Question:

Why do Jews consider certain animals, such as pigs, to be unclean and therefore not edible? I am under the impression that G‑d made everything, including pigs and other non-cloven-hoofed animals. Whatever G‑d made cannot be unclean, or perverted. Man has made certain things unclean and perverted, but I don't see how this can apply to non-cloven-hoofed animals.

Response:

You are entirely correct; G‑d created everything in the world with a purpose. After all, if it had no use, why would He bother bringing it into existence? The question is just what that purpose is.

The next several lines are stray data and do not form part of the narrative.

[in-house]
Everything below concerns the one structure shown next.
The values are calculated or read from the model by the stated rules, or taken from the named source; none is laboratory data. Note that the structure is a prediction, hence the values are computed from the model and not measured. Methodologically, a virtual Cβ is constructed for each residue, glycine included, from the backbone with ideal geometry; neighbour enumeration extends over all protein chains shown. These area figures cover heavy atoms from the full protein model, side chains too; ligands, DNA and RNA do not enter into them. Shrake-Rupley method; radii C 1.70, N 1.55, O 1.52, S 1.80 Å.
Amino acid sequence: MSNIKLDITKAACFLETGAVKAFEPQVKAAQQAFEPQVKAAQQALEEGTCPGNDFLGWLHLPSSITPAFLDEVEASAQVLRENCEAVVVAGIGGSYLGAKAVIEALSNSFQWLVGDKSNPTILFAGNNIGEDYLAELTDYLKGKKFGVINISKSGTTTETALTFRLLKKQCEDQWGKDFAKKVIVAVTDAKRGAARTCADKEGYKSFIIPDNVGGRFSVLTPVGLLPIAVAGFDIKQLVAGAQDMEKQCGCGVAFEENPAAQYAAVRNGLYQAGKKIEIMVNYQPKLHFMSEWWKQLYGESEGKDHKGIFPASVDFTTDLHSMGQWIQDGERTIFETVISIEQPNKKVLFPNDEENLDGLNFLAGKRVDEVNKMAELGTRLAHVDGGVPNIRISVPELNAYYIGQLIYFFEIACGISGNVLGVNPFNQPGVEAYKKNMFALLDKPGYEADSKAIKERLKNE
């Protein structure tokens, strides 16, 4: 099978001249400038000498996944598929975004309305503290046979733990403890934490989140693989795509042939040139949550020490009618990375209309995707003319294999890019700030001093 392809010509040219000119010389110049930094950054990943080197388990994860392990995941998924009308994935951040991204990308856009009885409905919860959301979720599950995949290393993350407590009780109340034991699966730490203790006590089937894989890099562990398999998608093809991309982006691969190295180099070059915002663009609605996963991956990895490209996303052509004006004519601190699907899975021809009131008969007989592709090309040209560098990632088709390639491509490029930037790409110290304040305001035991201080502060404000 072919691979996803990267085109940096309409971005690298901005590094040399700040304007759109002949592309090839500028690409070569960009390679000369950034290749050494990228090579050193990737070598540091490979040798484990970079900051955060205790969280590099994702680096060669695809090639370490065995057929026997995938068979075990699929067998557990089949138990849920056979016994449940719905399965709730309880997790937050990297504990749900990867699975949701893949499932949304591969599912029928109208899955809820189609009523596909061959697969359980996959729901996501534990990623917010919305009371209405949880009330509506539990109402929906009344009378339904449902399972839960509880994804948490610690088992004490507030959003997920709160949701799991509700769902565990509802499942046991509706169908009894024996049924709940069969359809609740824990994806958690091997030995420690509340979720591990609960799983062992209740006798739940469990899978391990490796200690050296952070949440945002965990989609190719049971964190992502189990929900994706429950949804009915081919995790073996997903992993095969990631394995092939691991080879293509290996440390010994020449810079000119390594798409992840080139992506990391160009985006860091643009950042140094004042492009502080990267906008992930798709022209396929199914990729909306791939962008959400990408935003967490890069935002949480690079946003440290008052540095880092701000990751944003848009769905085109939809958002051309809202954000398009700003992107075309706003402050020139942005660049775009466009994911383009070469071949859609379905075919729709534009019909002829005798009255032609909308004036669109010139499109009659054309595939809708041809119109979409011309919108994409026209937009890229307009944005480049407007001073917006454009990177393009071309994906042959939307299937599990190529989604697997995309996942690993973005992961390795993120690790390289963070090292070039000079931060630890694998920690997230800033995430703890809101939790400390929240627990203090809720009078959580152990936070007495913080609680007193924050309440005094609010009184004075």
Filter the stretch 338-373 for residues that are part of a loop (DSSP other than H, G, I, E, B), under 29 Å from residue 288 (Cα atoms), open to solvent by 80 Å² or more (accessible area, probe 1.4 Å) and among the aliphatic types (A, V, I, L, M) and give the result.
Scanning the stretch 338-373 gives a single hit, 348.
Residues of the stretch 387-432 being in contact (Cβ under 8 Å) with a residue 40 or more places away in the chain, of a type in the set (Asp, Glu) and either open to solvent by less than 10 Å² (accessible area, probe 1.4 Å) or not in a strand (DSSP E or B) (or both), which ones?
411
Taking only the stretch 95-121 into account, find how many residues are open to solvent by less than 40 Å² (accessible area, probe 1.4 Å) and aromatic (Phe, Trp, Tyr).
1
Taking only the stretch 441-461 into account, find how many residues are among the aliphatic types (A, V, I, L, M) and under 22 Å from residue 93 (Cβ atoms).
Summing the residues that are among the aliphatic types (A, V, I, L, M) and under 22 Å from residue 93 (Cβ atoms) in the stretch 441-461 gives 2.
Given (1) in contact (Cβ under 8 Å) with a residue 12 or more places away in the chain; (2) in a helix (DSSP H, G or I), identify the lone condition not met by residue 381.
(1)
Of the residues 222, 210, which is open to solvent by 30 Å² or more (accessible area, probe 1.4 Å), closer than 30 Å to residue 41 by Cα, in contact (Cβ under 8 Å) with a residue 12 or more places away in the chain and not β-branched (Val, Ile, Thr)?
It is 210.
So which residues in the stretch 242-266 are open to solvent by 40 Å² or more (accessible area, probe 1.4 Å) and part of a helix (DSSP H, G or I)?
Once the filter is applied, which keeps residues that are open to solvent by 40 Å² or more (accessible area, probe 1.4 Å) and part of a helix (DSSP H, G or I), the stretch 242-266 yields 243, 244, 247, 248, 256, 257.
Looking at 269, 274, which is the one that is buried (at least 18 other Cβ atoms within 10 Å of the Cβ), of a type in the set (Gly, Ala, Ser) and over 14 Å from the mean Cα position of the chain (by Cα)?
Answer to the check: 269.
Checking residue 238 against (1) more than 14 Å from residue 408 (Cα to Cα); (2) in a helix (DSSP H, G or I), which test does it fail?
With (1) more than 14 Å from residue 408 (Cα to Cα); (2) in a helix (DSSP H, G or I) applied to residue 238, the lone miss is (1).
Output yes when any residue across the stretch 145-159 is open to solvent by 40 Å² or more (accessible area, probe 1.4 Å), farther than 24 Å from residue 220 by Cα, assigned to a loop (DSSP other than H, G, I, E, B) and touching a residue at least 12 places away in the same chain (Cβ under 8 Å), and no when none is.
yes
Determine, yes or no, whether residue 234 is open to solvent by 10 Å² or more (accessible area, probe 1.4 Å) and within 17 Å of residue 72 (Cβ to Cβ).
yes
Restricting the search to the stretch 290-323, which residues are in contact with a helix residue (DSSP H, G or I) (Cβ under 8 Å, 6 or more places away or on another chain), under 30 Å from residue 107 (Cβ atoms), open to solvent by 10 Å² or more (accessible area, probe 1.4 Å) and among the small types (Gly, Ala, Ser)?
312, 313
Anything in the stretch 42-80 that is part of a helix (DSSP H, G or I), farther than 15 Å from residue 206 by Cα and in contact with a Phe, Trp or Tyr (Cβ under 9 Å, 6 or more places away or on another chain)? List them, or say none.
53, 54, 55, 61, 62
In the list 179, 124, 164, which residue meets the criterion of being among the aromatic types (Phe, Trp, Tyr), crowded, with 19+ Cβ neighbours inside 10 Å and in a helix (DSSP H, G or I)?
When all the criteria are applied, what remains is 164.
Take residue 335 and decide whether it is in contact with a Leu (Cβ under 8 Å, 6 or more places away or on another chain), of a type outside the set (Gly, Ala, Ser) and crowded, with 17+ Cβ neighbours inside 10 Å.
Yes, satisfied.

Some edible things have a very clear purpose: Eat the item with the intention to use its energy to serve G‑d. Other things, G‑d tells us in the Bible, have another purpose, and that is that we do not eat them.

This does not mean that we have no use for anything derived from a non-kosher animal—just that they are not to be eaten by a Jew. So you can use pigskin to bind your books and you can feed unkosher meat to your pet1. But a Jew who eats non-kosher food is just not helping that piece of food serve its divine purpose. After all, it was G‑d Himself who commanded the Jews not to eat it.

Please let me know if this helps,

Yours truly,

Rabbi Menachem Posner